Yale University Research: Majorities in Every U.S. County Support Teaching Children About Climate Change

The massive corporate propaganda effort in the U.S. has lead to the country being off the international spectrum in illogical climate denialism. Still, it’s encouraging to see this sort of evidence as the threat of climate change hangs over humanity.

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The fact that climate change is happening and human-caused is not a matter of scientific debate: many studies have examined climate scientists’ conclusions about global warming and have found scientific agreement similar to the level of consensus that smoking causes cancer (i.e., above 95%).

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Many teachers, however, need training and support to implement climate change science standards in their classrooms. Recent research published in Science found that many teachers are themselves not certain about climate change. For example, only 30% of middle school and 45% of high school science teachers understand the extent of the scientific consensus. Furthermore, of the educators who do teach climate change, many suggest the cause is ambiguous or uncertain to their students, while 30% actually incorrectly teach that global warming is naturally caused. Correcting the misperception about the scientific consensus that global warming is happening and human-caused is a key educational challenge for both teachers and students.

Shell Also Knew About Climate Change Decades Ago

Fossil fuels corporations such as Shell and Exxon studied climate change because there was a realization among them that they were causing it. The new documents also reveal that Shell predicted that it might be sued for this cover up, which is another indication that shows their responsibility for causing the emerging climate crisis seen today.

In response to a Dutch journalist publishing a trove of internal Shell documents revealing what Shell knew about climate change and its risks to both the world’s people and the company’s profit, Greenpeace USA Acting Climate Director Naomi Ages said,

“In 2015, we learned that Exxon knew decades ago about the severity of climate change and hid that knowledge from the public and shareholders. Now, we know that Shell knew too and even anticipated public backlash. Just like Exxon, Shell peddled scientific uncertainty and dragged its feet, maximizing its profits while the climate crisis grew. What makes Shell different from Exxon, is that Shell predicted that it would get sued over this – and, just like climate change, it was right about that too.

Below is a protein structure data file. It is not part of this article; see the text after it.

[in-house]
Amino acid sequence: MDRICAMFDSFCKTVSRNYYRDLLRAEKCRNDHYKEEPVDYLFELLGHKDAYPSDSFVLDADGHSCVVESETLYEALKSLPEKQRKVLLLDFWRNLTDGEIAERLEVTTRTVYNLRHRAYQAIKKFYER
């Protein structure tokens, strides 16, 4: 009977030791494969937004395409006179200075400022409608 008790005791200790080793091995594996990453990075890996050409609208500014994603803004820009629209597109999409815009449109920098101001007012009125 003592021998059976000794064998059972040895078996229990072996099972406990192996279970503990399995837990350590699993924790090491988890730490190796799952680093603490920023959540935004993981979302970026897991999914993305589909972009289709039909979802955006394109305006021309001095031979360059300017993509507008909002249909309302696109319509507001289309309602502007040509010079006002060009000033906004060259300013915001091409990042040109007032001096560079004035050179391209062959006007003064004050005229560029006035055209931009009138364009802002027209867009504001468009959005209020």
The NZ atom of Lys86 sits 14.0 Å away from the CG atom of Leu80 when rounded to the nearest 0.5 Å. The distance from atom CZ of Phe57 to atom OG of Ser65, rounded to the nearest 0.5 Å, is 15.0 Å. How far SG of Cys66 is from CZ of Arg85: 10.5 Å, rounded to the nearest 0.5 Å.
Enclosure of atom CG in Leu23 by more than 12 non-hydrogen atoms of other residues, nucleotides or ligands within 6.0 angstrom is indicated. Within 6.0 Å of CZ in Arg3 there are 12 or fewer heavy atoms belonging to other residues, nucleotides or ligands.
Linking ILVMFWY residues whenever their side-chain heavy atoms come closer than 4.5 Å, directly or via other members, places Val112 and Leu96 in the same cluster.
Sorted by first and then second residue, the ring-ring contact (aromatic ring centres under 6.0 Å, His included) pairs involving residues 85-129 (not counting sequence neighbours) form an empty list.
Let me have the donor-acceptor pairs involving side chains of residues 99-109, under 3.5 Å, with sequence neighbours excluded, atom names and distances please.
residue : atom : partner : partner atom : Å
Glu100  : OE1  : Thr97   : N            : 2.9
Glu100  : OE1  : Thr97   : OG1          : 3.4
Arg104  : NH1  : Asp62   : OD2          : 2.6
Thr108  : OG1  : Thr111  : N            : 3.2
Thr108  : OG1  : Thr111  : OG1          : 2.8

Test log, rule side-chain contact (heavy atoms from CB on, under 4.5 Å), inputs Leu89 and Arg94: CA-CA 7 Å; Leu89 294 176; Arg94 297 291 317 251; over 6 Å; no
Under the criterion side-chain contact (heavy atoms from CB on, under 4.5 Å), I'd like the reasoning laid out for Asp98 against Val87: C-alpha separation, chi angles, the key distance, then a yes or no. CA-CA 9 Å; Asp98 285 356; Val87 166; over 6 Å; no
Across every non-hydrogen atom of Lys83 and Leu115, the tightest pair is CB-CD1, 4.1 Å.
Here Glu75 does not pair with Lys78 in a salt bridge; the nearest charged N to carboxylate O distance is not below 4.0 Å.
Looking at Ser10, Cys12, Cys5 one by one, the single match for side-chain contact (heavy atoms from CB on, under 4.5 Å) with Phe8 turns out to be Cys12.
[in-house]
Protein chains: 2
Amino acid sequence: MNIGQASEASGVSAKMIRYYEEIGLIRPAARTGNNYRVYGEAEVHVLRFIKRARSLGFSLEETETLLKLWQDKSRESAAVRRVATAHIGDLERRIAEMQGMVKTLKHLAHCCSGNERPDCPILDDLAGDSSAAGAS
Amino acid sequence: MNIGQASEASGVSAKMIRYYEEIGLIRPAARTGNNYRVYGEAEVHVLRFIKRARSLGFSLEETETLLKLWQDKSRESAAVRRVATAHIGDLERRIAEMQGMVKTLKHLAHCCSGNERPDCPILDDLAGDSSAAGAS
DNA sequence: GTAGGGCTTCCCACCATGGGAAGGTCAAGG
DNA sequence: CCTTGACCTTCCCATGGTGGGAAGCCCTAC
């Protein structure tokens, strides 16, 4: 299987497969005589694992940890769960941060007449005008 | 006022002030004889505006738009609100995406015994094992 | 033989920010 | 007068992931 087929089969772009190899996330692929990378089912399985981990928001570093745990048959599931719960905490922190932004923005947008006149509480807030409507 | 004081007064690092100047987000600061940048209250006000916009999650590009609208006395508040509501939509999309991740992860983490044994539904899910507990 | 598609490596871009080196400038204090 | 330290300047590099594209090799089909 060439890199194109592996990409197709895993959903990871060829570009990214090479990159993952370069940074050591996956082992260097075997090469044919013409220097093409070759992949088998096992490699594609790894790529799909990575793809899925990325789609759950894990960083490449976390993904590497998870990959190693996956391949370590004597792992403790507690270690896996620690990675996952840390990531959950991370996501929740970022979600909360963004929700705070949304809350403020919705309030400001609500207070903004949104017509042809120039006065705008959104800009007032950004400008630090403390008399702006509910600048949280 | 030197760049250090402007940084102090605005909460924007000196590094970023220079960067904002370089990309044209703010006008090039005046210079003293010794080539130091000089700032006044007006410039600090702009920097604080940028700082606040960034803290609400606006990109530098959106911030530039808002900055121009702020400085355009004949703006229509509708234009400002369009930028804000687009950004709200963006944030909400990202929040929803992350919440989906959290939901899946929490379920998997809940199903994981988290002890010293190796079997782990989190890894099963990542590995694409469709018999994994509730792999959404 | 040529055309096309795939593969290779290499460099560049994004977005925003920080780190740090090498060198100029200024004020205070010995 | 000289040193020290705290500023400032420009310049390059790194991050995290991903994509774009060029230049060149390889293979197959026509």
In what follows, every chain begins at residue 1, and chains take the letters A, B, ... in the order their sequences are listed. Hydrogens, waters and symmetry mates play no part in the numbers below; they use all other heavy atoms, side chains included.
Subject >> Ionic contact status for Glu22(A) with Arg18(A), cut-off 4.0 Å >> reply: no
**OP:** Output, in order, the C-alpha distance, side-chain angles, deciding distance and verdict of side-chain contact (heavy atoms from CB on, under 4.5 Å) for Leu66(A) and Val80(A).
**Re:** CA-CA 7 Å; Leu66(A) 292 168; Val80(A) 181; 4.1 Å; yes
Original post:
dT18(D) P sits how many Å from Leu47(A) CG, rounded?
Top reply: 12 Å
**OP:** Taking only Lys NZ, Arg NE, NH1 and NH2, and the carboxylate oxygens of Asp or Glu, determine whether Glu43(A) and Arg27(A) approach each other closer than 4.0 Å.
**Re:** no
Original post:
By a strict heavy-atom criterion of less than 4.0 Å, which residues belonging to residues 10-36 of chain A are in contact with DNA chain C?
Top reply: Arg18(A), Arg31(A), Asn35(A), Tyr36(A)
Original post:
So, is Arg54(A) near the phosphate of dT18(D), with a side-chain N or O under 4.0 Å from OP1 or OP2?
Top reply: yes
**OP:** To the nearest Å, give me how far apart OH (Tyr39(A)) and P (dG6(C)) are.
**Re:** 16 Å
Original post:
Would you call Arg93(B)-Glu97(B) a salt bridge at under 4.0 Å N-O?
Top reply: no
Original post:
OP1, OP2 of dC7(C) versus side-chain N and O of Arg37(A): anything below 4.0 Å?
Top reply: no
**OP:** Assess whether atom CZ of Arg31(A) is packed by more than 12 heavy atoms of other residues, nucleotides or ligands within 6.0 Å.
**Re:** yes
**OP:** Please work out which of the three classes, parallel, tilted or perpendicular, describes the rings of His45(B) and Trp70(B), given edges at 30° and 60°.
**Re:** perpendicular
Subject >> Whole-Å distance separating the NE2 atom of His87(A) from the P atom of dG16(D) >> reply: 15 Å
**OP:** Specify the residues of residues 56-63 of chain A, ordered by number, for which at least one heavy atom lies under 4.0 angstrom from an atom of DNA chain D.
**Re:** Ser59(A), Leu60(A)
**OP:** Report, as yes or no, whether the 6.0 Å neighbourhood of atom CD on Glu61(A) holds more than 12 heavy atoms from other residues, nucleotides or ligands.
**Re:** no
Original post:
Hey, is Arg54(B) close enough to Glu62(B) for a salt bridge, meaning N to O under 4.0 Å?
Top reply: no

“These new reports increase the likelihood of more legal actions against Shell and bolster pending climate lawsuits. It’s time for Shell to reckon with the global costs of catastrophic climate change for which it is responsible.”

World Added Much More Solar Power Capacity Than Fossil Fuel Capacity in 2017

It’s somewhat encouraging evidence as the existential threat of climate change has been continually becoming worse in recent years. Some people still fail to view climate change as a serious threat, which is one of the unfortunate aspects about this crazy world.

The world installed a record 98 gigawatts of new solar capacity, far more than the net additions of any other technology — renewable, fossil fuel or nuclear.

Solar power also attracted far more investment, at $160.8 billion, up 18 per cent, than any other technology. It made up 57 per cent of last year’s total for all renewables (excluding large hydro) of $279.8 billion, and it towered above new investment in coal and gas generation capacity, estimated at $103 billion.

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“The extraordinary surge in solar investment shows how the global energy map is changing and, more importantly, what the economic benefits are of such a shift,” said UN Environment head Erik Solheim. “Investments in renewables bring more people into the economy, they deliver more jobs, better quality jobs and better paid jobs. Clean energy also means less pollution, which means healthier, happier development.”

Overall, China was by far the world’s largest investing country in renewables, at a record $126.6 billion, up 31 per cent on 2016.

There were also sharp increases in investment in Australia (up 147 per cent to $8.5 billion), Mexico (up 810 per cent to $6 billion), and in Sweden (up 127 per cent to $3.7 billion).

A record 157 gigawatts of renewable power were commissioned last year, up from 143 gigawatts in 2016 and far out-stripping the net 70 gigawatts of fossil-fuel generating capacity added (after adjusting for the closure of some existing plants) over the same period.

“The world added more solar capacity than coal, gas, and nuclear plants combined,” said Nils Stieglitz, President of Frankfurt School of Finance & Management. “This shows where we are heading, although the fact that renewables altogether are still far from providing the majority of electricity means that we still have a long way to go.”